All Kinds of News for January 06, 2016
Positive Psychology is essential for teens dealing with low self-worth, identity, and motivation, yet this approach is often missed in treatment. At Sunrise RTC (UT), we decided to do a 21 day Personal Development Plan with all our staff, students, and their families!
On December 29-30, we did a group blitz and "kick off" for our 21-day Personal Development Plan challenge. We held group therapy that focused on positive emotions and working toward the "Happiness Advantage". We then started our journals for the 21-day challenge on January 1 as part of a New Year's themed kickoff. For more detail on what we’re doing and how we’re doing it, we invite you to watch this inspirational TED talk: https://www.youtube.com/watch?v=fLJsdqxnZb0 We were excited to learn that "in just a 5-minute span of time, done for 21 days in a row, we can actually rewire our brains, allowing it to work more optimistically and successfully."
We invite anyone who is reading this to develop your own Personal Development Plan, following psychologist Shawn Achor recommendations to developing the following habits from his book (and video) "The Happiness Advantage":
This activity helps people "start to retain a pattern of scanning the world, looking not for the negative, but for the positive first." "Because we can only focus on so much at once, our brains push out those small annoyances and frustrations that used to loom large into the background." To get started, make a list of the good things in your life, in school, in your family, and in your career. At the end of each day, reflect on the previous 24 hours and record three good things that happened that day. These "good things" can be things that made you laugh, that gave you a feeling of accomplishment or something that gave you hope for the future.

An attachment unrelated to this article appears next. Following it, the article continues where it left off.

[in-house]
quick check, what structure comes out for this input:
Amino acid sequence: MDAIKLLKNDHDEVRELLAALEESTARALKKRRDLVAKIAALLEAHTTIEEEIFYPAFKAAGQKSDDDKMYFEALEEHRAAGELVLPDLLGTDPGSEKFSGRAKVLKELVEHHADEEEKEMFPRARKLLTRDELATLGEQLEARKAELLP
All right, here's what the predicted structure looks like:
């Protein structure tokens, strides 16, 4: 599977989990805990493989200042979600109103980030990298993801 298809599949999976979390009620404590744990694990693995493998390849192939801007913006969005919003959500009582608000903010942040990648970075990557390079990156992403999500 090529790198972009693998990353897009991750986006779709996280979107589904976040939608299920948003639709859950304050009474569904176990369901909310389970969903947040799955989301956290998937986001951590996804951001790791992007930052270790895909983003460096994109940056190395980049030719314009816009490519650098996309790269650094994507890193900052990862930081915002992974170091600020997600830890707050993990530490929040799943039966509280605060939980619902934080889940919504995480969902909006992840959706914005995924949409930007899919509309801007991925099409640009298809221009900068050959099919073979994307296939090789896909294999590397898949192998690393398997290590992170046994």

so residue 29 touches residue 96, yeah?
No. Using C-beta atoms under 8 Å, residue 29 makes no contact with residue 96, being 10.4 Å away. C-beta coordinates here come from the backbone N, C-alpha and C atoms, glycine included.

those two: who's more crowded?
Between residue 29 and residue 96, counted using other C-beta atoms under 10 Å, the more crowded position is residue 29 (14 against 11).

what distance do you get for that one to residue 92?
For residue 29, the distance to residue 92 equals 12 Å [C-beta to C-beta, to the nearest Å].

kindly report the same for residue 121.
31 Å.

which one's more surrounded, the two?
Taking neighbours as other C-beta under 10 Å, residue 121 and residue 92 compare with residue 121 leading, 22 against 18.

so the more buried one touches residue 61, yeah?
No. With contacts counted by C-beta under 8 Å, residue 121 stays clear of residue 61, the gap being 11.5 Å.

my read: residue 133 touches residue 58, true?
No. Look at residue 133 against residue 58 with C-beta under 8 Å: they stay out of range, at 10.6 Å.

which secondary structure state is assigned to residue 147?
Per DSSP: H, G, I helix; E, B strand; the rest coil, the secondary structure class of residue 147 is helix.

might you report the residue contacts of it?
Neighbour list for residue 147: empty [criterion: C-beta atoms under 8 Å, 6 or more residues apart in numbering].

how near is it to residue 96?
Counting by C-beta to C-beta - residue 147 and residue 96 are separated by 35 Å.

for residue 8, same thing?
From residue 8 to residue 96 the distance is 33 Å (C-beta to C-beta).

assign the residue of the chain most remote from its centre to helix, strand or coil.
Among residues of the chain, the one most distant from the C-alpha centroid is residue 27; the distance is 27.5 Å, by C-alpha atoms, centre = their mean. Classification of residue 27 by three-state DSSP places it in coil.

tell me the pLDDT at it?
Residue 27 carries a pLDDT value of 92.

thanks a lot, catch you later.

"Journaling about one positive experience you've had over the last 24 hours, allows your brain to relive it." To get started, take 20 minutes, three times a week and write about a positive experience.
"Physical Activity can boost mood and enhance our performance...by improving motivation and feelings of mastery, [and] reducing stress and anxiety..." To get started, spend 30 minutes moving. "Walk, bike, run, play, stretch, jump rope, pogo stick–it doesn't matter as long as you get moving."
"Studies show that in the minutes right after meditating, we experience feelings of calm and contentment, as well as heightened awareness and empathy." To get started, take a few minutes a day to focus on your breathing. Watch your breath go in and out and if you find your mind drifting, just slowly bring it back to focus on your breath.
Commit Conscious Acts of Kindness
"To try this yourself, pick one day a week and make a point of committing five acts of kindness. But if you want to reap the psychological benefit, make sure you do these things deliberately and consciously – You can't just look back over the last 24 hours and declare your acts post hoc. ('Oh yeah, I held the door for that guy coming out of the bank. That was nice.')"
Find Something to Look Forward To
"People who just thought about watching their favorite movie, actually raised their endorphins levels by 27 percent...Anticipating future rewards can actually light up the pleasure centers in your brain as much as the actual reward will." To get started, plan an enjoyable event and put it on your calendar. This could be a vacation, a night out with friends or even something as simple as eating your favorite meal. Whenever you need a boost of positivity, remind yourself about your upcoming event.
Infuse Positivity Into Your Surroundings
"One study found that spending 20 minutes outside in good weather not only boosted positive mood, but broadened thinking and improved working memory." Some ideas for creating positive surroundings include:
- Get outside for 20 minutes a day
- Avoid negative triggers.
- Limit TV & Movie time to 30 minutes a day.
- Substitute electronic interactions with real life relationships. Instead of browsing Facebook, call a friend.
Spend Money (but not on stuff)
"Spending money on experiences, especially ones with other people, produces positive emotions that are both more meaningful and more lasting." To get started, look at your budget, contact your friends and plan an experience together. This could be as simple as going out to eat together or going for a hike.
Exercise a Signature Strength
"Even more fulfilling than using a skill is exercising a strength of character, a trait that is deeply embedded in who we are." To get started, visit www.viasurvey.org and take their Character Strengths Test. Then pick one of your signature strengths and use it in a new way each day.